Regina Serpas at the ECMH + UDB Design for Mobility display at ICFF.
Many design companies and designers stood out this week at the International Contemporary Furniture Fair (ICFF) at New York's Javits Center, but none more so than ECMH + UDB Design for Mobility.
The initials stand for two universities in El Salvador: Escuela de Comunicacion Monica Herrera and Universidad Don Bosco. Last September eight undergraduate students and five professors from the schools teamed with five design professionals and two artisans to design products for use in cultivating coffee—long a major part of the country's economy.
Many of the Design for Mobility participants were on hand at ICFF to show the results of their efforts, all aimed at helping an industry that has literally flourished on the backs of the working poor who make subsistence pay, often enduing great pain and hardship.
"They're so important for the pickers of our coffee," said Regina Serpas, one of the Monica Herrera students and a strategic designer (the Don Bosco students, she said, were industrial designers). "We talked to them and found out that they were suffering a lot of pain because they had to carry so much coffee beans on their shoulders and back for very long distances. It's a process that hasn't changed in all the centuries of coffee picking, because there's no incentive."
First the students analyzed the coffee harvesting process at a plantation in the Salvadoran highlands region of the Quezaltepeque Volcano. Then they devised three products that addressed the coffee pickers' painful struggle in lifting and transporting the 100-pound coffee bean sacks from the plantation to the bean classification area, and their physical discomfort while sitting or squatting while classifying the beans.
They modified a basket used for carrying beans, originally attached to the picker's waist by a tie, by making an ergonomic harness to hold the heavy bean-loaded basket on the picker's back. Denim bags were also made from recycled jeans and are meant for hanging on the baskets, thereby allowing for classification of beans by color (red—which are good—yellow and green) and preventing them from falling out.
As coffee pickers are paid by quantity picked, the designers likewise constructed a wooden frame with straps for carrying the 100-pound (when filled) burlap coffee bags on pickers' backs. Pickers typically just hoist them onto their neck, shoulders and backs for the long, slow and painful trek to the farm from the mountain.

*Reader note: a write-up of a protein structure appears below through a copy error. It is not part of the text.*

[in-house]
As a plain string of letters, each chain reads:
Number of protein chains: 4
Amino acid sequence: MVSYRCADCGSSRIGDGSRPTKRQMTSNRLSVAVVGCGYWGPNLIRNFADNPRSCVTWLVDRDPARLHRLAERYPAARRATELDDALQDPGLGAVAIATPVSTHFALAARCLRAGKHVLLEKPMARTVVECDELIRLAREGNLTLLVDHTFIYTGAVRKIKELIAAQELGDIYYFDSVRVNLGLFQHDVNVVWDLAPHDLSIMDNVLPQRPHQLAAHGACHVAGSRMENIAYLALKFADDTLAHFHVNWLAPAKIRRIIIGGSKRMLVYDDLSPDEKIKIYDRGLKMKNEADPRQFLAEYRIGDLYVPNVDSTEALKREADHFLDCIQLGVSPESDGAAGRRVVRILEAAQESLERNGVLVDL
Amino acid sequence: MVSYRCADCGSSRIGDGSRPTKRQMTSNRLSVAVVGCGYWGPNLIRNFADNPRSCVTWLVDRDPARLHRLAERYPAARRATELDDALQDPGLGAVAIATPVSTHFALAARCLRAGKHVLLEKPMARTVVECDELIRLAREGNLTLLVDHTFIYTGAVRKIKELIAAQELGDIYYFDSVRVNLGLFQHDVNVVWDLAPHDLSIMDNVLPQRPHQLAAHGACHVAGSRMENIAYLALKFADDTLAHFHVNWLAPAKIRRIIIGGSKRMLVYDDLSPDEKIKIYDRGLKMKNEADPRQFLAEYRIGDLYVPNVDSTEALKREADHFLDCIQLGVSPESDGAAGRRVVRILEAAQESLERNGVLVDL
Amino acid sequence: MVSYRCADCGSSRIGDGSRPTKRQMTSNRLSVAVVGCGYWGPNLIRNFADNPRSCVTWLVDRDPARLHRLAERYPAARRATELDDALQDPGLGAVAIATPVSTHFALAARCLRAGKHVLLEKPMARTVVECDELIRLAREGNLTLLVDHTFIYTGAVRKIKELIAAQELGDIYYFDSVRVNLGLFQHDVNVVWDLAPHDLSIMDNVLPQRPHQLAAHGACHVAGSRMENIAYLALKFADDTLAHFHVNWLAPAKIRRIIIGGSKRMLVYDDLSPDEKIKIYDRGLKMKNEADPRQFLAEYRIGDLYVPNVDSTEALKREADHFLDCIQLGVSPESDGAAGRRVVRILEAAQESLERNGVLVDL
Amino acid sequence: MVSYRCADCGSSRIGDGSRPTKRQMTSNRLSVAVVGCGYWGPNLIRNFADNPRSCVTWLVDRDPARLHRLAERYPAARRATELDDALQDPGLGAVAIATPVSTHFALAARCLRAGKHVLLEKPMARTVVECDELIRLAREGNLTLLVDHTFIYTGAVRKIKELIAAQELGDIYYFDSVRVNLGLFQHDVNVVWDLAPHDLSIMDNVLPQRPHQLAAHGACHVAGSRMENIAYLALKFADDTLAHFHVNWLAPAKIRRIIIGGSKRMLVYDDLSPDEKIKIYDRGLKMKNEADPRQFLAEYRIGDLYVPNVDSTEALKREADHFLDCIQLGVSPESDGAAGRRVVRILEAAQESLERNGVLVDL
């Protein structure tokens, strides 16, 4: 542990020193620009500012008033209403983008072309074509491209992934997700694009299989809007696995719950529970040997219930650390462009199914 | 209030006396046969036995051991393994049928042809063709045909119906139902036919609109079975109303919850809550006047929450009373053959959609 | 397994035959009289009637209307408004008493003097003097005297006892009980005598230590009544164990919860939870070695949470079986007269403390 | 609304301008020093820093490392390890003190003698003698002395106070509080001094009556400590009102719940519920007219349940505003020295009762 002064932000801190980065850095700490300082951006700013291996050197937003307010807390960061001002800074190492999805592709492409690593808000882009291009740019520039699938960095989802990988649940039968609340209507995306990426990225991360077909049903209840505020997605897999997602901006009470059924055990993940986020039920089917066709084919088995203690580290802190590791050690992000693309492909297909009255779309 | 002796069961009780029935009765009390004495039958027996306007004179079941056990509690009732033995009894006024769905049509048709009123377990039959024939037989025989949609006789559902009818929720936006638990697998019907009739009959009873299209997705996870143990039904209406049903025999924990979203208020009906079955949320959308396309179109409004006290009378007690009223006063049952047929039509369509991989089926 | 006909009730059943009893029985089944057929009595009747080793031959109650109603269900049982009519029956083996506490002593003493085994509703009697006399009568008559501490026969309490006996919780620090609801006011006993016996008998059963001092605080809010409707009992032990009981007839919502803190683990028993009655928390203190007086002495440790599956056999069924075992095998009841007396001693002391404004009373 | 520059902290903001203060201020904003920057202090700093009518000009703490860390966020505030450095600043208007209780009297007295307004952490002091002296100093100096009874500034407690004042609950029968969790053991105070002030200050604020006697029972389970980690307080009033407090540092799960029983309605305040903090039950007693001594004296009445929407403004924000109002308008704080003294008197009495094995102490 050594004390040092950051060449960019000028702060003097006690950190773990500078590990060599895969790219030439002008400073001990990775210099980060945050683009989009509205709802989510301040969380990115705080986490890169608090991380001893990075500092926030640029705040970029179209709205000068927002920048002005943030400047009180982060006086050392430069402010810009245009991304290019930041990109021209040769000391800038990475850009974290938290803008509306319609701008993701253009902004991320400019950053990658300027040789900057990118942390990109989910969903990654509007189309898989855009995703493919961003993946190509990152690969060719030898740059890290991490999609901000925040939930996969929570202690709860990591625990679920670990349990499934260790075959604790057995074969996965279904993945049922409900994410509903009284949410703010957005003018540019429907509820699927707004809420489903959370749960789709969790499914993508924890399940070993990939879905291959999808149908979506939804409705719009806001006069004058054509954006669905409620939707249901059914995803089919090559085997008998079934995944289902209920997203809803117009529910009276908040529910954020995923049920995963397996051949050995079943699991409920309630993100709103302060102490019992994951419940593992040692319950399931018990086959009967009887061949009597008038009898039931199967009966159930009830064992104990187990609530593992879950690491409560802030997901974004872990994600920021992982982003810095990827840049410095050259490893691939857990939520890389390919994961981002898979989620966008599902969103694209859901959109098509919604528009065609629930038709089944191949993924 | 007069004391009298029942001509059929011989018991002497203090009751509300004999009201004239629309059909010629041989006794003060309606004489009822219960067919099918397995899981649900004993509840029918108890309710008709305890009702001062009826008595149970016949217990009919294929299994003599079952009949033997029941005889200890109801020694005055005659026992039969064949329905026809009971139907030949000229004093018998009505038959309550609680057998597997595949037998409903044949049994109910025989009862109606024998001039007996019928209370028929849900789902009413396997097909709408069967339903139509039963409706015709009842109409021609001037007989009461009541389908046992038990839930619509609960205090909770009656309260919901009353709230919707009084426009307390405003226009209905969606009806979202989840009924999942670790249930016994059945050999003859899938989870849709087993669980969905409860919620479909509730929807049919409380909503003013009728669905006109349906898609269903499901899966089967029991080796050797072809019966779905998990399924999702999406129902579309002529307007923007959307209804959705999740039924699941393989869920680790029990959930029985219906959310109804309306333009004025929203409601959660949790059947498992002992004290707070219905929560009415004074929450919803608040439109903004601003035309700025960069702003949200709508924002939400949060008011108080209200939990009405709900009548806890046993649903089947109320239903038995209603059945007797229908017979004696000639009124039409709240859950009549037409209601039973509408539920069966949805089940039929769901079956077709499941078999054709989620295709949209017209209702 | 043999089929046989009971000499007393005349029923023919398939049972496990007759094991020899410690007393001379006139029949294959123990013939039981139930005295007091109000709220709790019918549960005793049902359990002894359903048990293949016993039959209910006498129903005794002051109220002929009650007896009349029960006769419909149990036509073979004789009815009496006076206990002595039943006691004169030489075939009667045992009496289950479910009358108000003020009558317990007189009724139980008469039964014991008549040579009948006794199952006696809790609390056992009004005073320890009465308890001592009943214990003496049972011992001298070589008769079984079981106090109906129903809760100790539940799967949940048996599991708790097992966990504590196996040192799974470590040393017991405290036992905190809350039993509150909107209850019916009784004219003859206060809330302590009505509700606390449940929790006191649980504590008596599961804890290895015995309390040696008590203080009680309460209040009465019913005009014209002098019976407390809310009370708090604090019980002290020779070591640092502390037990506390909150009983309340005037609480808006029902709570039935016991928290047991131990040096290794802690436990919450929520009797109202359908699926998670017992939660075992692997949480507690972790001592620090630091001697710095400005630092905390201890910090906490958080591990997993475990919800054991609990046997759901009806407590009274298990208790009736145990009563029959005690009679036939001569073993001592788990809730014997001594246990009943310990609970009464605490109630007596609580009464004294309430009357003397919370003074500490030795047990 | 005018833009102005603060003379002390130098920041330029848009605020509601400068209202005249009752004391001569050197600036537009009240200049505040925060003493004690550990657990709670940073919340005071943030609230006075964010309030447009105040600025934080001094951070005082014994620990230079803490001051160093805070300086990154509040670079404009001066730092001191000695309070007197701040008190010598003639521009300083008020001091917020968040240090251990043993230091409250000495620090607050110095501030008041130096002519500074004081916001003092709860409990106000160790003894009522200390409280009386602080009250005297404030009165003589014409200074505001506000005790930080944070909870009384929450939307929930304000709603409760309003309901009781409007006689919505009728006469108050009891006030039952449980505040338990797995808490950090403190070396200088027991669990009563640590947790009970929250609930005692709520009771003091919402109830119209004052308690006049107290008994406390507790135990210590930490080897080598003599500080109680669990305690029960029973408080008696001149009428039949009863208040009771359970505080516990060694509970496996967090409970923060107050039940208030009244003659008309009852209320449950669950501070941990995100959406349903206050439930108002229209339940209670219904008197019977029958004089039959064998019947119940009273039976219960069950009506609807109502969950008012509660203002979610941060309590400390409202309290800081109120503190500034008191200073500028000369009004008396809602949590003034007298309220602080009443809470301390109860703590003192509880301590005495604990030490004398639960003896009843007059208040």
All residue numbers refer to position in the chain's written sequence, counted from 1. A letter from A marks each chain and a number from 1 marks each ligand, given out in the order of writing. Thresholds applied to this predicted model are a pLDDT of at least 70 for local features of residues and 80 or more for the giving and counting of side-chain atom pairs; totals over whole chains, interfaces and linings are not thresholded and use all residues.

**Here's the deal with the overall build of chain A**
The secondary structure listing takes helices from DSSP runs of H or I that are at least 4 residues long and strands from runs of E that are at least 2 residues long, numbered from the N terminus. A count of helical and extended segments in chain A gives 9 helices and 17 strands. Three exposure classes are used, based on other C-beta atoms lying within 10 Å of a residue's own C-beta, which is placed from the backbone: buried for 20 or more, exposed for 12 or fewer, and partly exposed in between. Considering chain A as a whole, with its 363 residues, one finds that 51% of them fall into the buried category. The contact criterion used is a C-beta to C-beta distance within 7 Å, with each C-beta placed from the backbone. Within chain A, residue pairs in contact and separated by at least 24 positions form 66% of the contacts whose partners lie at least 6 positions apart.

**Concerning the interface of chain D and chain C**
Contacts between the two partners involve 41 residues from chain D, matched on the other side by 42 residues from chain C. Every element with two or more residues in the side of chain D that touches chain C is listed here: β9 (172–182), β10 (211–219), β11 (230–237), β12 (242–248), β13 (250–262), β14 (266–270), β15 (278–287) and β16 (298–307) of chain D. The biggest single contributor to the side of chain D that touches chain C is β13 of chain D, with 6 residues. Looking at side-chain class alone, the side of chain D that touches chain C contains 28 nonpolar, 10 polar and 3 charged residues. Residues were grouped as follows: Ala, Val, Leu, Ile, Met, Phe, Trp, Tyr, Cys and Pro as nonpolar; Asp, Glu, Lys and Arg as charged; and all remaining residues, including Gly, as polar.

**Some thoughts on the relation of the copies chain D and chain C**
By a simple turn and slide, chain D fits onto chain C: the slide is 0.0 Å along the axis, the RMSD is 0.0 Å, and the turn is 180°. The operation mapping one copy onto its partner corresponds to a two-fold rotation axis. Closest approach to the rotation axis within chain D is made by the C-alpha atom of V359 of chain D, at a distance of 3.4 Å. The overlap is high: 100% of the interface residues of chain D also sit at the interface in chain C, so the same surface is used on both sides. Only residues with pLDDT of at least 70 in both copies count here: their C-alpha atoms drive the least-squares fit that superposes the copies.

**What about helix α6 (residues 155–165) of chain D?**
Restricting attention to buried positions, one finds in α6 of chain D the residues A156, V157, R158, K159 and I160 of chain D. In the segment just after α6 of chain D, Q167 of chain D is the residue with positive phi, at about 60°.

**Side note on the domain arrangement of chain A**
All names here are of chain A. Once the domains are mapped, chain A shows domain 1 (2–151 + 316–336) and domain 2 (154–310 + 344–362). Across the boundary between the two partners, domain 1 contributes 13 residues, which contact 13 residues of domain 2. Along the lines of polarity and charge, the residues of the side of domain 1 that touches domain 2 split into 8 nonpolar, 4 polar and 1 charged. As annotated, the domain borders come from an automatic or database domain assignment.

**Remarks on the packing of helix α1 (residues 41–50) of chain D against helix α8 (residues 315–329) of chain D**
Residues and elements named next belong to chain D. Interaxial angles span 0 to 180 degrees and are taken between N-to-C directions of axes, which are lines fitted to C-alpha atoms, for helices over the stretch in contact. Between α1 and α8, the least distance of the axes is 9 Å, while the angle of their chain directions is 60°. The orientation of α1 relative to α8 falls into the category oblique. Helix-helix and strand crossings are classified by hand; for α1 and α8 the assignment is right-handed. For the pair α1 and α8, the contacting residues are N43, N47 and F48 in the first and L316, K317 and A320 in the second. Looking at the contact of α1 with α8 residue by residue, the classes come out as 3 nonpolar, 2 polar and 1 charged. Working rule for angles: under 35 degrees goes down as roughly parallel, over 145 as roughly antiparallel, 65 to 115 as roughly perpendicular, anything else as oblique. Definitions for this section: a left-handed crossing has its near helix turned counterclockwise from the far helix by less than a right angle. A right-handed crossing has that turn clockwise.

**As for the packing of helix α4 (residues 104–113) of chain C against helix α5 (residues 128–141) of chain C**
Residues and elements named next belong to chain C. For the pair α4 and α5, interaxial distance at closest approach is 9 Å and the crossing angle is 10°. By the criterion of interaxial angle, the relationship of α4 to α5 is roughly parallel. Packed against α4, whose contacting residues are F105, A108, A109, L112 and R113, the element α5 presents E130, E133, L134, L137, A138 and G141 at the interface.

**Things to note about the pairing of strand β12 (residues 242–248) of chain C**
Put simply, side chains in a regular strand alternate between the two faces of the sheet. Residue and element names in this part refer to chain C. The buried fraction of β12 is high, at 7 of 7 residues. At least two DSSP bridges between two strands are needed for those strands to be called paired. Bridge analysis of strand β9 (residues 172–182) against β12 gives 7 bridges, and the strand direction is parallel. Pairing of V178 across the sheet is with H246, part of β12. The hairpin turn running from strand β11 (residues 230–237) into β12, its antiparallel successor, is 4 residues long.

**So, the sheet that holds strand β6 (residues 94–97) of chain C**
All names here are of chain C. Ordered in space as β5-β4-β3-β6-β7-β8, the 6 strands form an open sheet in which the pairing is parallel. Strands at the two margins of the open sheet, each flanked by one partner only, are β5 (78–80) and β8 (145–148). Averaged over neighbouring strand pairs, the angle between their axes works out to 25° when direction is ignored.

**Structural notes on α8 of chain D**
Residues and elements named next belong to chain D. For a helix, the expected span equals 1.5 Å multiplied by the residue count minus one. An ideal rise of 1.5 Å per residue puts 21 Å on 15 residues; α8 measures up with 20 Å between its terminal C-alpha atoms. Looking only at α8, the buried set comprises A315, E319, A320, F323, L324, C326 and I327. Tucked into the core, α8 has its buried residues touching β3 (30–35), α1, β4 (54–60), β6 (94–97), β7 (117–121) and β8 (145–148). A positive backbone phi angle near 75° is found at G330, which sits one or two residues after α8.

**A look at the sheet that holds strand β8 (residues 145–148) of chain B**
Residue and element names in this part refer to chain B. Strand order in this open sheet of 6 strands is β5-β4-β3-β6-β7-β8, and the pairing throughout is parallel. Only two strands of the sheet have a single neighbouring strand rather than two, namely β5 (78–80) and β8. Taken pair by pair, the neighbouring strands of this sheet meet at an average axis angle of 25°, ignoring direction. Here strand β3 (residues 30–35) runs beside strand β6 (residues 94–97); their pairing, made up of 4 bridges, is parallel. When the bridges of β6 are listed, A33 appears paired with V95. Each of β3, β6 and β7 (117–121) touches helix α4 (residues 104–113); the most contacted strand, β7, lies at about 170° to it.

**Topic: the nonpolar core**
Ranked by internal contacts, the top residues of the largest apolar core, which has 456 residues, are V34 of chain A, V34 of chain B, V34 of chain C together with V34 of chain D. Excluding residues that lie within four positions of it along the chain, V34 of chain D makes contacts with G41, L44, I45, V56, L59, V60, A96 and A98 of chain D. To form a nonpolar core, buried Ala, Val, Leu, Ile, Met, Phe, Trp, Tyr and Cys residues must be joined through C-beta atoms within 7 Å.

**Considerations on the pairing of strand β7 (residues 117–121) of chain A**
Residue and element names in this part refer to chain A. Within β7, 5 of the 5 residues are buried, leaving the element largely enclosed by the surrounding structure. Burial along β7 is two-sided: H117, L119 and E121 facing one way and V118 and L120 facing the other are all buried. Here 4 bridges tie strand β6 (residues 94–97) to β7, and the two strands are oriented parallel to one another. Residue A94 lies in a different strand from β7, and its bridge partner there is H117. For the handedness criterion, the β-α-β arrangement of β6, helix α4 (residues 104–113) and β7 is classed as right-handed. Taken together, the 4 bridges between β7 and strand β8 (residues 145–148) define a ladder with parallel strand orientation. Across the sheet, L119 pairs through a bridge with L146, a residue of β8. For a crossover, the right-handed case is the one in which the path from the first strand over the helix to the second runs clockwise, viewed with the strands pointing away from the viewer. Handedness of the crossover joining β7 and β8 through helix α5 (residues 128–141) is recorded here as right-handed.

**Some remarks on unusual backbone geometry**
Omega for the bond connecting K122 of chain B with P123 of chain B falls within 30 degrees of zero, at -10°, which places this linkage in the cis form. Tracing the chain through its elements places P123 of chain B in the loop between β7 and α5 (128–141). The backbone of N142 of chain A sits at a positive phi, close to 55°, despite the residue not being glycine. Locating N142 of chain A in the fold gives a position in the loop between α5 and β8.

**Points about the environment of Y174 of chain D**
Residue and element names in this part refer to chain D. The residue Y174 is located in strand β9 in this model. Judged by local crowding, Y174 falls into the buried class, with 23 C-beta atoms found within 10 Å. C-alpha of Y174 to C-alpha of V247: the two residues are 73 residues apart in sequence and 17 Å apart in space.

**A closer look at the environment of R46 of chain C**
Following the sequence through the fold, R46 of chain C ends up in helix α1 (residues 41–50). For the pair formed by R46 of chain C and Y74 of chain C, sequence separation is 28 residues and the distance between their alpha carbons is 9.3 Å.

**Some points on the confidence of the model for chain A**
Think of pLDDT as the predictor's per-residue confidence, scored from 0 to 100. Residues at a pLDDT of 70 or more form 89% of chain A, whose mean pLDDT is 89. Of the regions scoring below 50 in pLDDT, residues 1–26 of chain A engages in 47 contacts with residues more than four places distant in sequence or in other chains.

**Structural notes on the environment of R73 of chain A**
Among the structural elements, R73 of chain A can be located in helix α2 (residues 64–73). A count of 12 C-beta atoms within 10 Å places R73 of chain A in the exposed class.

The third product is a portable table to classify beans that allows pickers to kneel comfortably rather than squat over those beans that are otherwise laid out before them on the ground. The table also employs a fabric surface from which the good beans can easily be transferred to sacks for weighing and transport.
Significantly, these pieces were designed to be built by local artisans with existing resources within the coffee plantations communities, which are in the mountain regions of El Salvador where coffee growing is optimal.
"We designed products that the pickers can easily make themselves, since they don't have the money to buy them," said Serpas. "We want to impact their health, and make the coffee farmers understand that happy and healthy employees with a better quality of life make for greater productivity and better coffee quality."
Serpas and her fellow designers were understandably excited to show their work at ICFF. She contrasted theirs with the bulk of the product on display at Javits.
"It's not just a chair or beautiful table," she said, "but something that can change someone's way of seeing things—and change lives."
Coffee pickers will now test the Design for Mobility product, which will then be evaluated by plantation owners in seeking ways for improvement. The design team will then present the results to the National Coffee Council for validation, clearing the way for more plantation owners to learn about the initiative and eventually construct and distribute the finished products.